Made with stone-milled flour
As a young boy I remember the four water-powered flour mills that were all flourishing in Campden at that time. If my memory serves me right they were: Westington, Haydon, Berrington and Pudlicote, the latter being some way out of the town.
The water to power these mills began as springs in the hills above the town, below Broadway Tower at Coombe, becoming a stream joined by others as it flowed down into The Craves and under The Guild in the town itself, now proudly bearing the name of the River Cam. Much further on it would join the Stour which itself became a tributary of the Thames. In those days I remember a man, though his name escapes me, whose job it was to clear the stream by crawling along underneath the Guild, removing branches and debris. Today of course a grid does the job.
Westington Mill situated at the end of Park Road was operated by Billy and Bessie Keen and happy millers they were. Billy’s laugh is still a vivid memory when he would take me upstairs to watch the mill operating. He would sit on the timbers of the mill as they slowly revolved and then jump off with a laugh.
His wife Bessie always wore a smock and one of Billy’s caps! I remember as a boy going with my father, Harry Wheatcroft, on the dray pulled by our horse Prince, to take sacks of corn to be milled by Billy. Sitting on these sacks I often wished Father would let me hold the reins! We used the milled corn to feed our pigs. The mill pool at Westington was also used as a sheep wash. Somewhere, half way between Campden House and the mill, was the Bathing Lake. Although privately owned, for a small charge, local people could use it. Bessie Keen would collect our ‘thrupence’ at the mill before we could continue walking up to the lake for a swim.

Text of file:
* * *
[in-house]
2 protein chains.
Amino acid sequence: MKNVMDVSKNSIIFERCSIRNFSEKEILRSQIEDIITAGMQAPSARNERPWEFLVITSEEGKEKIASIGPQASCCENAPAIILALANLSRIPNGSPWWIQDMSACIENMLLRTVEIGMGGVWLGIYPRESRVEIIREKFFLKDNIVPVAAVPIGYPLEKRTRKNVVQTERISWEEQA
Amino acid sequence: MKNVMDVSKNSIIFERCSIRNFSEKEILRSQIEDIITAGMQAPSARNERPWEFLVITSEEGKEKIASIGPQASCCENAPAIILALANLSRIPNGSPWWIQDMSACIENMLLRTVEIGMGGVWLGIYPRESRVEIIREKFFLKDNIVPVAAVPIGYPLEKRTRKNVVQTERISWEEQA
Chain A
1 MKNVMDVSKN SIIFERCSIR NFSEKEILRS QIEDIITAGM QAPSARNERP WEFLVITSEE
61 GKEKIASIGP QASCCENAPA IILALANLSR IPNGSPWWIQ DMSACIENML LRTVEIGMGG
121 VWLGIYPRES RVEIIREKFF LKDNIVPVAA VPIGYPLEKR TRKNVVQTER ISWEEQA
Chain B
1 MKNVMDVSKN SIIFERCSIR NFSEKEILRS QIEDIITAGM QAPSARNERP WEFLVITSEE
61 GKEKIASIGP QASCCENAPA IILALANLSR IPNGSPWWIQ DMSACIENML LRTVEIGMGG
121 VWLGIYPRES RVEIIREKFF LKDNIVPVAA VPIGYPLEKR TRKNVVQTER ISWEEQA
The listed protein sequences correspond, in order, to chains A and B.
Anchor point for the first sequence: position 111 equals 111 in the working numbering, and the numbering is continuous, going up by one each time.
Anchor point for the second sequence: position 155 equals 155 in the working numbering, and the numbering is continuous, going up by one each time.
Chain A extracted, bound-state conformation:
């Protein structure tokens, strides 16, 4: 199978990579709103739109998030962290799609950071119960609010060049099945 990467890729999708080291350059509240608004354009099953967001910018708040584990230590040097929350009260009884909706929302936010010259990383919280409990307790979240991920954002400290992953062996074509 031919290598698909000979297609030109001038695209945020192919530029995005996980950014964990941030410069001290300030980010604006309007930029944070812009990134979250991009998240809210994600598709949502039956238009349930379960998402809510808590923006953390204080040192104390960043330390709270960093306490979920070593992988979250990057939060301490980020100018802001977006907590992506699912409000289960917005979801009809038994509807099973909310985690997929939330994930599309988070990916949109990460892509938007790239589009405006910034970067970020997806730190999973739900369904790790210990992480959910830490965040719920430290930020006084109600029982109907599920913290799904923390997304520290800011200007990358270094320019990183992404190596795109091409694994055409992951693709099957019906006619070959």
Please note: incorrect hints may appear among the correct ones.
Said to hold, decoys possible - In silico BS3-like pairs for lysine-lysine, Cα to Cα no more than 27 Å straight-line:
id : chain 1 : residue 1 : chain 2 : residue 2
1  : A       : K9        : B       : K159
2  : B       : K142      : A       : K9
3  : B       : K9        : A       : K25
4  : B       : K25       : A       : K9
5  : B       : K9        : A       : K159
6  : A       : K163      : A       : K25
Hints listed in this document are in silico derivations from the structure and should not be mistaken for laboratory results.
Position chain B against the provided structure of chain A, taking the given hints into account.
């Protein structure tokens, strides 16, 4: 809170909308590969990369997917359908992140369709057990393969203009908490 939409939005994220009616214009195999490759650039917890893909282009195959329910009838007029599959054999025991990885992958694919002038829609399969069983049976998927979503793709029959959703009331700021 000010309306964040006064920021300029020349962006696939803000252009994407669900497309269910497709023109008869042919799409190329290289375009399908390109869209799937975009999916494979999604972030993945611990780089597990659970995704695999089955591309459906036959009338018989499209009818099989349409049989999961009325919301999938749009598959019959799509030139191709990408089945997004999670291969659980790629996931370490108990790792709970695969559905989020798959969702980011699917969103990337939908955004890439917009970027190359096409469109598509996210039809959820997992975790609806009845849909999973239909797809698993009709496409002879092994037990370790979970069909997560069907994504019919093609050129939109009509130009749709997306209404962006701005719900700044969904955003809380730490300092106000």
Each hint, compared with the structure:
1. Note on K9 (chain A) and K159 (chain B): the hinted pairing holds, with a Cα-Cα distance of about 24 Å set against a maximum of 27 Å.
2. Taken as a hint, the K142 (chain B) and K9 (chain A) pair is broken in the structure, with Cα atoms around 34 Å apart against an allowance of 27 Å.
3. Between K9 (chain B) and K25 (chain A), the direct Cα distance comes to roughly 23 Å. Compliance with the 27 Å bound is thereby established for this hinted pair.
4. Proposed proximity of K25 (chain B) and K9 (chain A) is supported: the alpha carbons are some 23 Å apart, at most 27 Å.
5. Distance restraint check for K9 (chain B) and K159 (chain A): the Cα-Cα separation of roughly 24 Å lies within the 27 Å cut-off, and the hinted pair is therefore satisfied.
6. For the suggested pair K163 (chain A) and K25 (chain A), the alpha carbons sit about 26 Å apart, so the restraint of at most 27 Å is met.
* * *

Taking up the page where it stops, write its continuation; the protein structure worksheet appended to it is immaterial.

My memory of Haydon Mill is the big rotating wheel. This mill was tucked away behind the High Street in Calf’s Lane and I believe was operated by Dudley Haydon and his family. My brother Lewis once fell into the mill pool there and was hooked out with a pitchfork through his clothes!
Berrington Mill, adjacent to the Coneygree, was operated by the Parsons family who I remember had a daughter Joan and a son who sadly was killed in the war. I have no other memories of this mill.
Pudlicote Mill, situated on the Shipston-on-Stour road was owned by Will Courtman, a connection of our family. My father would go to his mill to help ”set sponge”. This, I understand, is the first treatment of the flour in the process of bread making.
The six baker’s shops that the mills may have supplied at that time were: Mrs Callaway’s on Sheep St corner, Heritage’s on the Lower High Street opposite to Sheep Street corner, Walter’s to the left of Cutt’s garage, Collett’s next door to the Old Post Office opposite the War Memorial, Bennett’s on the Upper High Street, and Mrs Hartley’s in Leasebourne.
Mrs Hartley sold pieces of scrumptious gingerbread for 1d and Mrs Callaway with her daughter May sold delicious lardy cakes – 4 for 3½ d. My brother Sid and I would treat ourselves to one of these on a Saturday after we had traversed the town selling Father’s produce from a barrow. Of course we had to confess why some of the money was missing! But Father never minded if we had done well.